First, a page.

Wednesday, September 26, 2012

        Drilling fluids are in general complex heterogeneous mixtures of various types of base fluids and chemical additives that must remain stable over a range of temperature and pressure conditions. The properties of these complex mixtures, such as equivalent static density (ESD) and the rheological properties of the fluid mixture determine pressure losses in the system while drilling. It is often assumed that these properties and thus the equivalent circulating density (ECD) are constant throughout the duration of drilling activities. This assumption can prove to be quite wrong in cases where there
is large variation in the pressure/temperature conditions, such as in high pressure-high temperature (HPHT) wells, and deep-water drilling, where low temperature conditions are encountered very close to the sea bed.
In HPHT wells, as the total vertical depth increases, there is an increase in the bottom-hole temperature, as well as the hydrostatic head of the mud column. These two factors have opposing effects on equivalent circulating density. The increased hydrostatic head causes increase in the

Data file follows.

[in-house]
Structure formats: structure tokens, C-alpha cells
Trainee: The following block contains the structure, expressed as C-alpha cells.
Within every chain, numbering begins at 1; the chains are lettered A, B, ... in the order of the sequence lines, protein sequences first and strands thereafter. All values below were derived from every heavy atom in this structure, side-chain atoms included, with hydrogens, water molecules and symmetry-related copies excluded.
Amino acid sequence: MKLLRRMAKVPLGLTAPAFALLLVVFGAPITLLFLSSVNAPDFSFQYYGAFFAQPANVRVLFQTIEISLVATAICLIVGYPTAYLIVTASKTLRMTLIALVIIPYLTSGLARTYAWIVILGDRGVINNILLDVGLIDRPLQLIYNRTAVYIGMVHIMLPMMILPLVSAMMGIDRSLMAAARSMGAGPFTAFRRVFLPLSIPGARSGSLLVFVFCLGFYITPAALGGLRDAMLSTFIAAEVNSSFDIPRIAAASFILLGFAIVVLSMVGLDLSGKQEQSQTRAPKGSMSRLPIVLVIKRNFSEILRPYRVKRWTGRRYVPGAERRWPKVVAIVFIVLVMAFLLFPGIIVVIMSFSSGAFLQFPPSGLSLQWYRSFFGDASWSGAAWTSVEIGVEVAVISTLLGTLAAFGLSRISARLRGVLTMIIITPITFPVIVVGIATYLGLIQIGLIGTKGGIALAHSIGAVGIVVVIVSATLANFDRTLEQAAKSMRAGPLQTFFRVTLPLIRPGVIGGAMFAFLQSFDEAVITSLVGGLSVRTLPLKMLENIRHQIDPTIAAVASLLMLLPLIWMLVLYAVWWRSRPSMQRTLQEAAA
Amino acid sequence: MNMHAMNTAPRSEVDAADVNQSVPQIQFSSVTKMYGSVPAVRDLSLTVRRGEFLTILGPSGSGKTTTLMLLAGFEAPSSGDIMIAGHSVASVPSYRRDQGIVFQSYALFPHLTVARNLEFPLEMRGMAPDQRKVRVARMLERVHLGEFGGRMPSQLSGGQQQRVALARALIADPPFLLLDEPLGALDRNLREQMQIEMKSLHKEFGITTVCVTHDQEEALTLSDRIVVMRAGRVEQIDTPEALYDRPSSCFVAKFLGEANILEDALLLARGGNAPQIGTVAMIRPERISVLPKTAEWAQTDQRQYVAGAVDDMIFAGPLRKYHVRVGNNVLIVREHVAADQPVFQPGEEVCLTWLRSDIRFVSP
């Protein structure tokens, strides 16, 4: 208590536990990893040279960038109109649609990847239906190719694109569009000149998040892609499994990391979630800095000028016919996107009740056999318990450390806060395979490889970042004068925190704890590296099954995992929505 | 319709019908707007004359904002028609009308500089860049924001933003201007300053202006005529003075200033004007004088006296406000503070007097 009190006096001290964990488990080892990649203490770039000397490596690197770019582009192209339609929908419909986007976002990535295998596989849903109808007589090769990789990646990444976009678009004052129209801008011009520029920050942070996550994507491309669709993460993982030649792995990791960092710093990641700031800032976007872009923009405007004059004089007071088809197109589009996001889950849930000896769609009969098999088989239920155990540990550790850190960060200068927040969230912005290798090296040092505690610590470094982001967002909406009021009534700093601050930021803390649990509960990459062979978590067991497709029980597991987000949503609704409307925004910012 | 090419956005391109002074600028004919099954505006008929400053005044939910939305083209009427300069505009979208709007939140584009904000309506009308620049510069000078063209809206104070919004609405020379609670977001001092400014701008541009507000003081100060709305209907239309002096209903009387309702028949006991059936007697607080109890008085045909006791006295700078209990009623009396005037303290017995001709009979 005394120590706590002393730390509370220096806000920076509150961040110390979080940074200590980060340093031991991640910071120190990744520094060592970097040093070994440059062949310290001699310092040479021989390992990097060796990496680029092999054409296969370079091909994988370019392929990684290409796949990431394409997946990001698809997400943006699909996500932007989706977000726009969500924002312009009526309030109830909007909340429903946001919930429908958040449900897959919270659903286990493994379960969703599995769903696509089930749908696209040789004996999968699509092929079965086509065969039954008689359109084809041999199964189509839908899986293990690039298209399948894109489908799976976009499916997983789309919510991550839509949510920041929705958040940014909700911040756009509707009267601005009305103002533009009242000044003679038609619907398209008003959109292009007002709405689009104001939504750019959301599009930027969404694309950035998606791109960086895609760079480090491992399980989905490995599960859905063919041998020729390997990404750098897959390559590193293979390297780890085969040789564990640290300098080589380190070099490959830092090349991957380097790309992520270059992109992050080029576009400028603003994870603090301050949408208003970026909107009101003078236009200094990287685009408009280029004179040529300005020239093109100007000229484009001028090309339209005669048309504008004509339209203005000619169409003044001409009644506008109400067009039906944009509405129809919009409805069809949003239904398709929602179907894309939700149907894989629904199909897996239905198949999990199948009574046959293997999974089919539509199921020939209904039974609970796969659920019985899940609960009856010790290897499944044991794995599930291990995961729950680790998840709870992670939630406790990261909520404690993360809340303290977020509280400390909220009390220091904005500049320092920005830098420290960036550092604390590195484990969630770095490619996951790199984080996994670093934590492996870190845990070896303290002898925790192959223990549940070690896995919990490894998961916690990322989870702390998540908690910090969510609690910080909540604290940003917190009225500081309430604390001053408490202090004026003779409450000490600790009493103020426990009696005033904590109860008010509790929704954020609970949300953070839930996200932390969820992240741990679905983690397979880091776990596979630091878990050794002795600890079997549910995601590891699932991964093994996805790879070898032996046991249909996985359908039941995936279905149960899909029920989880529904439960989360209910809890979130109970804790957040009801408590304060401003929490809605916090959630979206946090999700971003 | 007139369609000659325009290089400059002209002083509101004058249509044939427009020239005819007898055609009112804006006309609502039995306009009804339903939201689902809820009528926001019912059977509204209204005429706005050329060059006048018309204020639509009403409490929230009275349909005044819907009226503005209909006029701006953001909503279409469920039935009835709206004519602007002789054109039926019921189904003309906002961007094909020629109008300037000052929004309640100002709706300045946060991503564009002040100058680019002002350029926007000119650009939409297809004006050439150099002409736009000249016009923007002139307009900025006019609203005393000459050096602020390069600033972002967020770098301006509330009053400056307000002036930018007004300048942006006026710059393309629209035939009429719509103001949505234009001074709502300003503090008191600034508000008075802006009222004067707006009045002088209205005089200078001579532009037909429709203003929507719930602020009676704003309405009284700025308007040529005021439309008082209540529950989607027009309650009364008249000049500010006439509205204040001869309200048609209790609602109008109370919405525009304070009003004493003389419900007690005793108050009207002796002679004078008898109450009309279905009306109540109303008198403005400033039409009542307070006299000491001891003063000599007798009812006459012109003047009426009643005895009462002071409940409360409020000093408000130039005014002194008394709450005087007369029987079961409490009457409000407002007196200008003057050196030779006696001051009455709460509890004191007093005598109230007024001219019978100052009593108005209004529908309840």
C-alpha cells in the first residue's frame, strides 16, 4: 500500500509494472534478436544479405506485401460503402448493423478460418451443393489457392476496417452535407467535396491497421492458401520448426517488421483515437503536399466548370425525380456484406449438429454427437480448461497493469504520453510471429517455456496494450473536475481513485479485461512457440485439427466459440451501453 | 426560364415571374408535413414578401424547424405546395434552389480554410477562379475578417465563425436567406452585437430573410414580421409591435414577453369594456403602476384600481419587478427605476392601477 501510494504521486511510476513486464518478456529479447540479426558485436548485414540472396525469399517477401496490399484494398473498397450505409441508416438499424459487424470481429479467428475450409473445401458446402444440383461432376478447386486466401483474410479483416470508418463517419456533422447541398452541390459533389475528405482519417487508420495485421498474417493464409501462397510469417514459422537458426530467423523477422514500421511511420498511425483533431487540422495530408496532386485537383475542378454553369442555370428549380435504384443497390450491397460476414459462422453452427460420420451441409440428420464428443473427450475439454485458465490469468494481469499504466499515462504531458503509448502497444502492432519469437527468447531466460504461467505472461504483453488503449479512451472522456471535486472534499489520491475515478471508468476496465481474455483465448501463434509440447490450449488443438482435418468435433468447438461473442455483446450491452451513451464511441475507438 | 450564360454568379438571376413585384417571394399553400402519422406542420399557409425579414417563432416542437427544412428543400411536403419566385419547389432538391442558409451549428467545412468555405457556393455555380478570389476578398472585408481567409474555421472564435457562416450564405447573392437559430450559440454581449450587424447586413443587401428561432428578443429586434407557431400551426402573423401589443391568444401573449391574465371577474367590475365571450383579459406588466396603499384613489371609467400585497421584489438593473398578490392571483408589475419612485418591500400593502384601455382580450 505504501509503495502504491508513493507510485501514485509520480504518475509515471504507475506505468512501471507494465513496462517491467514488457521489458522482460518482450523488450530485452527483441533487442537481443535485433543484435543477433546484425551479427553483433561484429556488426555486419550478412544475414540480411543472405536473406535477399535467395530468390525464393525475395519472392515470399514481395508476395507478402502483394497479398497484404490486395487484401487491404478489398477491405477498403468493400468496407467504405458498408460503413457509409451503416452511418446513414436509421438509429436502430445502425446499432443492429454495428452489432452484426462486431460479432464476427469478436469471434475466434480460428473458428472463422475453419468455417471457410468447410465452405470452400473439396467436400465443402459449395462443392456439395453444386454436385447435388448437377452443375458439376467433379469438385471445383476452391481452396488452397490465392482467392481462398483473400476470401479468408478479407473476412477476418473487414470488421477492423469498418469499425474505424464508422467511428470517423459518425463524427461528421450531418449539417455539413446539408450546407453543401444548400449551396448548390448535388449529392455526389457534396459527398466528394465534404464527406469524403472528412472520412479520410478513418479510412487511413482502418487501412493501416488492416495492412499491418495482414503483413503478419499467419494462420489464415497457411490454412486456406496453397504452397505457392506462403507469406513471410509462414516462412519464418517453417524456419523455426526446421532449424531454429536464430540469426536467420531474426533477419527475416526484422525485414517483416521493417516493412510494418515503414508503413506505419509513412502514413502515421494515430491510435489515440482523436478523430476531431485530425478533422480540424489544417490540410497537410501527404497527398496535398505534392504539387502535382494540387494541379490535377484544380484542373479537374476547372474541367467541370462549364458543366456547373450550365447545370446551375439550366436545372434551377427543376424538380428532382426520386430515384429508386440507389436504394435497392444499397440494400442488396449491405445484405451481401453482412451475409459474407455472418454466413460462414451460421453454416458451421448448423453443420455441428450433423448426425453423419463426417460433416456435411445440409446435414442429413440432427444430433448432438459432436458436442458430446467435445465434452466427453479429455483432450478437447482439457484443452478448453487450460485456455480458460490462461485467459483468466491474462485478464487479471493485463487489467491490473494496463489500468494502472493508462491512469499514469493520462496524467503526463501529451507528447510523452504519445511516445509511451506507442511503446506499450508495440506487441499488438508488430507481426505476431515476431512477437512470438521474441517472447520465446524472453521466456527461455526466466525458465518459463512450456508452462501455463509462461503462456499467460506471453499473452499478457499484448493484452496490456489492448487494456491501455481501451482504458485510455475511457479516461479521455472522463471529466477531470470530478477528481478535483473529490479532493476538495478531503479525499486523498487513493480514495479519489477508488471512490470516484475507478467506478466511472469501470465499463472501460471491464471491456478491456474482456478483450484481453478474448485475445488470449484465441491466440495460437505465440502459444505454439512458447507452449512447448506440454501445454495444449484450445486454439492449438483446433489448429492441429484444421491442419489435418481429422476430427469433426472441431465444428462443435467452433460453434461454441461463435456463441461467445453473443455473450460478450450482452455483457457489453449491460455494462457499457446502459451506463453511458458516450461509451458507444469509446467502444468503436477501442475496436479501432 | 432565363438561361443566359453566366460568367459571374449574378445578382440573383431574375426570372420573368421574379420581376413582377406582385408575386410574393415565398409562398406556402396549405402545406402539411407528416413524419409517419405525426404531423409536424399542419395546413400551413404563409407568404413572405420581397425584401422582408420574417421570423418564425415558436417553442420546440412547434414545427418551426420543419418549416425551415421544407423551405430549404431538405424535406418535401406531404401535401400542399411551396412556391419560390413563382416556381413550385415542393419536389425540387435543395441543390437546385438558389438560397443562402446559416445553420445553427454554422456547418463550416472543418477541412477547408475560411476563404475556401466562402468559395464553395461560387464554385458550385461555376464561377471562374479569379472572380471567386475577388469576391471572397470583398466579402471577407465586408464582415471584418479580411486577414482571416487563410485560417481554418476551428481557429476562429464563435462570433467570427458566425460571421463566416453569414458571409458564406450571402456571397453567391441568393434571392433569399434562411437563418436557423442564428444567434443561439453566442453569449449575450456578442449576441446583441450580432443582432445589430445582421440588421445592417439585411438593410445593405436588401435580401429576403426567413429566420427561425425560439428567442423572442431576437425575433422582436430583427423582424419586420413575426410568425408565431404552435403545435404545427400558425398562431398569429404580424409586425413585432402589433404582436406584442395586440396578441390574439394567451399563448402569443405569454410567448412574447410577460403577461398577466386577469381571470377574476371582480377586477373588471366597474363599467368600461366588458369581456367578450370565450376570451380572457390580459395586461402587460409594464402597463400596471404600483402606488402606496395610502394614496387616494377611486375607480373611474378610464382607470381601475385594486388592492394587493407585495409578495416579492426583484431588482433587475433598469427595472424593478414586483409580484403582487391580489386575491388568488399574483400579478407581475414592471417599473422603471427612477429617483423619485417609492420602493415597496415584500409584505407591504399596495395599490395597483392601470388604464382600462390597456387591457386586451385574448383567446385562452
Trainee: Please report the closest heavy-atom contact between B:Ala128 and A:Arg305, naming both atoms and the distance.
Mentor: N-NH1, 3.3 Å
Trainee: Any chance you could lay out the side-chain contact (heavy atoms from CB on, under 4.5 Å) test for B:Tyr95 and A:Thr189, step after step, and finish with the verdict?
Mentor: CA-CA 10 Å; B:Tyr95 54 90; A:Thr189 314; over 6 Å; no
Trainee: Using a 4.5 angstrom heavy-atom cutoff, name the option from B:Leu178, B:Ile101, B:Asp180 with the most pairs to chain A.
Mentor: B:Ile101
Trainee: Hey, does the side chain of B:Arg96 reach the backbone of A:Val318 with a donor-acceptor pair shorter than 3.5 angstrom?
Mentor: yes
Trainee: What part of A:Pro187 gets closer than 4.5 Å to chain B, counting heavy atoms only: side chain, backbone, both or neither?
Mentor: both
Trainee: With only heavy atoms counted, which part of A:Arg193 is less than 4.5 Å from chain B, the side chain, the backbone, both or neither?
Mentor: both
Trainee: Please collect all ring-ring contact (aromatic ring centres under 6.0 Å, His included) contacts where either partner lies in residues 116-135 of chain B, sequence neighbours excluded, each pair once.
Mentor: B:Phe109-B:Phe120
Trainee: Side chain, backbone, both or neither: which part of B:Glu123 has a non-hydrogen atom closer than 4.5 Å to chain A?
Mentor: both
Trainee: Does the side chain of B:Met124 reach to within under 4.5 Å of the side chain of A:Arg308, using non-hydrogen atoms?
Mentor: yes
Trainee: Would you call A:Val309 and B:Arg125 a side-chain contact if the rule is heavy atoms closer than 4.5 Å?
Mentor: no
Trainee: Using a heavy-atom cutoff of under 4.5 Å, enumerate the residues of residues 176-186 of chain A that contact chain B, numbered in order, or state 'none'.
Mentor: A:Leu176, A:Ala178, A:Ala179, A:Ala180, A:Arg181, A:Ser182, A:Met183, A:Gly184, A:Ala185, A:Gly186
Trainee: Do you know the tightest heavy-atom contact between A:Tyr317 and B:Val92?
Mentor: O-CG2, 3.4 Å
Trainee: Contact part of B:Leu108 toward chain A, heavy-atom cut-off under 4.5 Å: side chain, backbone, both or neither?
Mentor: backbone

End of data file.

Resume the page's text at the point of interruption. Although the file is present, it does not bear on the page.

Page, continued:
equivalent circulating density due to compression. The increase in temperature on the other hand, causes a decrease in the equivalent circulating density due to thermal expansion. It is most often assumed that these two effects cancel each other out. This is not always the case, especially in high temperature, high pressure wells.
Large variations in equivalent circulating density can also occur when drilling in deep water environments where relatively cold temperatures are encountered in the riser, near the ocean bed. In deep-water wells, the seabed temperature can be as low as 30 F and hydrostatic pressures at the bottom
of the riser will be 2700 psi, with a mud density of 8.6 lb/gal and a water depth 6000-ft. The low temperature conditions can cause severe gelling of the drilling fluid, especially in oil-base muds (OBM). Failure to take this effect into account will result in underestimation of the equivalent circulating density of the drilling fluid.
Errors in the estimation of equivalent circulating density have an especially disastrous effect when drilling through formations with a small gap between pore pressure, and the pressure at which the formation will fracture. In such cases, the margin for error is very small and thus, the equivalent